How can you end a war that those who would Rule strive to make more essential to everyone every day?

Faery Tales

There are people whose main job it is to catapult the propaganda, but some memes are decidedly more destructive than others.

Case in point.

David Brooks is such an utter moron I don't bother reading his columns. It's because almost every premise the man has is deeply flawed. Apparently his column this week was a particular trip into never-land, asking for a return to the midieval days of Knights Errant and Crusades and all that Arthurian sense of wonder.

It was called the Dark Ages for a reason, Bobo.

I'll let the letters to the Editor for Pravda do the heavy lifting:

...It is preposterous to view the Middle Ages with such nostalgia. The “spiritual powers” that led to such great events as the Inquisition and other mass killings of Jews and the Crusades were most certainly influenced by the false interpretation of celestial configurations and misuse of religious and secular power.

To yearn for such a “faith”-based Arthurian time is naïve. Is this the fantasy world to which conservatives would like to return? Before we wax poetic about the Black Death, we should realize that medieval Europe was a miserable, intolerant place where human life was cheap.

I can certainly think of many other civilizations to wax poetic about, but medieval Europe with its astrological-religious culture is not one of them. The faith-based life of that time serves as a demonstration of how faith can be twisted by those in power or, as we see in the present, those trying to win elections.

Jerry Becker
Albuquerque, April 22, 2008

...We have been “populated with creatures, symbols and tales” for the past seven years. They’ve occupied the White House...

Robert H. Feuerstein
Upper Saddle River, N.J., April 22, 2008

...First, crusading could not have worked any better in our world than it did in the past. The failure of medieval crusades was well known in 2001, for few historical subjects have been so well studied.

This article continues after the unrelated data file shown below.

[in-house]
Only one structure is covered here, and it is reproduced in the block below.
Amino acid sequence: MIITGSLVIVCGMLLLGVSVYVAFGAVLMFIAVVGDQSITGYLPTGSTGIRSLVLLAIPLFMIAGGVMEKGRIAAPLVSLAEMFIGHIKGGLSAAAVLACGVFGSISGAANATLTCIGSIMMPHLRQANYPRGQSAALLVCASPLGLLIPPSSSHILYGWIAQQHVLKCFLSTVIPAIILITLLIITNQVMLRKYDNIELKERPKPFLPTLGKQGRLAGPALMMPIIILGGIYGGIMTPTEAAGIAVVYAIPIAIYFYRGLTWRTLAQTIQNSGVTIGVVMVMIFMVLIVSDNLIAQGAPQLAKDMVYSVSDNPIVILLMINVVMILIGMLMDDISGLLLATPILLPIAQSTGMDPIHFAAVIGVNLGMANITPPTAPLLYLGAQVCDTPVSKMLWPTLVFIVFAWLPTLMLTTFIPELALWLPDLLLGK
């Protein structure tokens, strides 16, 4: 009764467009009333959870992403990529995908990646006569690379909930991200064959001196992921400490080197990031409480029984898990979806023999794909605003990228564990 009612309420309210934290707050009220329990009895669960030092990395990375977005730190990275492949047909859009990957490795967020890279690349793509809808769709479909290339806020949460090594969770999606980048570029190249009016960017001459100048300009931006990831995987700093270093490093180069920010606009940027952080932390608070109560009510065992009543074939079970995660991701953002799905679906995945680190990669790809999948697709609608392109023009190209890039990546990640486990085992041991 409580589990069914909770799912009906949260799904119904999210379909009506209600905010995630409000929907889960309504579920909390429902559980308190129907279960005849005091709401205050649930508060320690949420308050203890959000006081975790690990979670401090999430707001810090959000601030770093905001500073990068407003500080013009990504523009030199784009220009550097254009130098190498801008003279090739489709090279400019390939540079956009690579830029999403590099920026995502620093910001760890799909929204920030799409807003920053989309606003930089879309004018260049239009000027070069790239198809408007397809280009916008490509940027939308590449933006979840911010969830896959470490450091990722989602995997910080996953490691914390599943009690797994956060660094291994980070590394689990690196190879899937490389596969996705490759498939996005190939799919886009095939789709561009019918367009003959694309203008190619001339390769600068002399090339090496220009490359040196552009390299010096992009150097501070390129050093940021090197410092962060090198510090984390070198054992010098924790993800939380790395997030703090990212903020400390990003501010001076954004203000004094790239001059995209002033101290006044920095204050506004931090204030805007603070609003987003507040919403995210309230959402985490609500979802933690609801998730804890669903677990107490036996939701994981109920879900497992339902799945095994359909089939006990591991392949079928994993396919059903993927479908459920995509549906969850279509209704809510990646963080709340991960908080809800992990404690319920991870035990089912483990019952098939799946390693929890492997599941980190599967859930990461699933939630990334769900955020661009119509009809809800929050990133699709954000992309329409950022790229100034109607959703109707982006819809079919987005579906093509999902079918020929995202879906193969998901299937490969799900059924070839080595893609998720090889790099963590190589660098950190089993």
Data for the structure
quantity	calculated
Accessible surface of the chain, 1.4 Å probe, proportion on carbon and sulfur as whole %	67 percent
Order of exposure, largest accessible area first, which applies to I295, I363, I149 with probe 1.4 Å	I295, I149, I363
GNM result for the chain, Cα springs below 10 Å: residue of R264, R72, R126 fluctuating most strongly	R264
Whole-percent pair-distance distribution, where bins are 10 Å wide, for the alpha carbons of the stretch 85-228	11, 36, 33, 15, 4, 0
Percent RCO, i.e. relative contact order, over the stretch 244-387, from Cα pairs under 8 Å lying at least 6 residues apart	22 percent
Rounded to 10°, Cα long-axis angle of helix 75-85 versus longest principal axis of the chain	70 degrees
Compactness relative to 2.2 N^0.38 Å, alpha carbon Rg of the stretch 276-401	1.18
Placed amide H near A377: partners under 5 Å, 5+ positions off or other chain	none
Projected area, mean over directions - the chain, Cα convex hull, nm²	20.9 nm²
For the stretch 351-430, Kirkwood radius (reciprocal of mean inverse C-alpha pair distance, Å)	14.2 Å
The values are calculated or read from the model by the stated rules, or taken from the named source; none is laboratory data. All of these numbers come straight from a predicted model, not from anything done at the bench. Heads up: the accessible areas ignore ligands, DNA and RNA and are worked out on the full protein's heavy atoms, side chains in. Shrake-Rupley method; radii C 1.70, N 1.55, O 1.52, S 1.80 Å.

Second, just when Europe was full of unfettered violent bullies, some resourceful people invented government to serve the public interest, together with the taxes required to support it. They rightly thought government to be a “good thing...”

Thomas N. Bisson
Cambridge, Mass., April 22, 2008

...The current state of affairs in the Middle East is way too medieval for me.

Jean-ellen McSharry
Stony Creek, Conn., April 22, 2008

...the modern Western world is no less enchanted than the medieval one — it may be more so. Fantasy and science fiction are among the most pervasive forms of contemporary culture. Many people live virtual lives on the Internet.

Rather than fostering a deficit of the imagination, modernity permits people to inhabit multiple worlds of the imagination and to create provisional narratives that impart meaning to daily existence.

This free, rational and ironic use of the imagination — a disenchanted form of enchantment — provides the possibility for greater diversity, tolerance and change than ever existed in the medieval period.

Michael Saler
Davis, Calif., April 22, 2008

...David Brooks is nostalgic for a bygone age when people had a different mentality than today.

In those days, with “childlike emotional intensity” we may have imagined the heavens as “a magical place,” “a ceiling of moving spheres, rippling with signs and symbols.” If only nature could inspire as rich a human imagination in us as it did in them.

That happens continually to us modern scientists. Doing science, whose essence is to understand nature, inspires awe. As a geologist, I plant one foot (metaphorically) in the present day and the other foot in Deep Time.

Yonder sandstone cliff was once the bed of a great flowing river. Imagine that! I wasn’t there then, but the evidence says it literally was so.

Real science is more bizarre, more full of possibilities than medieval people could have imagined. We scientists are just as passionate, romantic and as awe-filled as they were.

Leon E. Long
Austin, Tex., April 23, 2008

David Brooks, like William Kristol, is a propagandist hired by edict of the Carlyle Group controlled Board of Directors of The New York Pravda.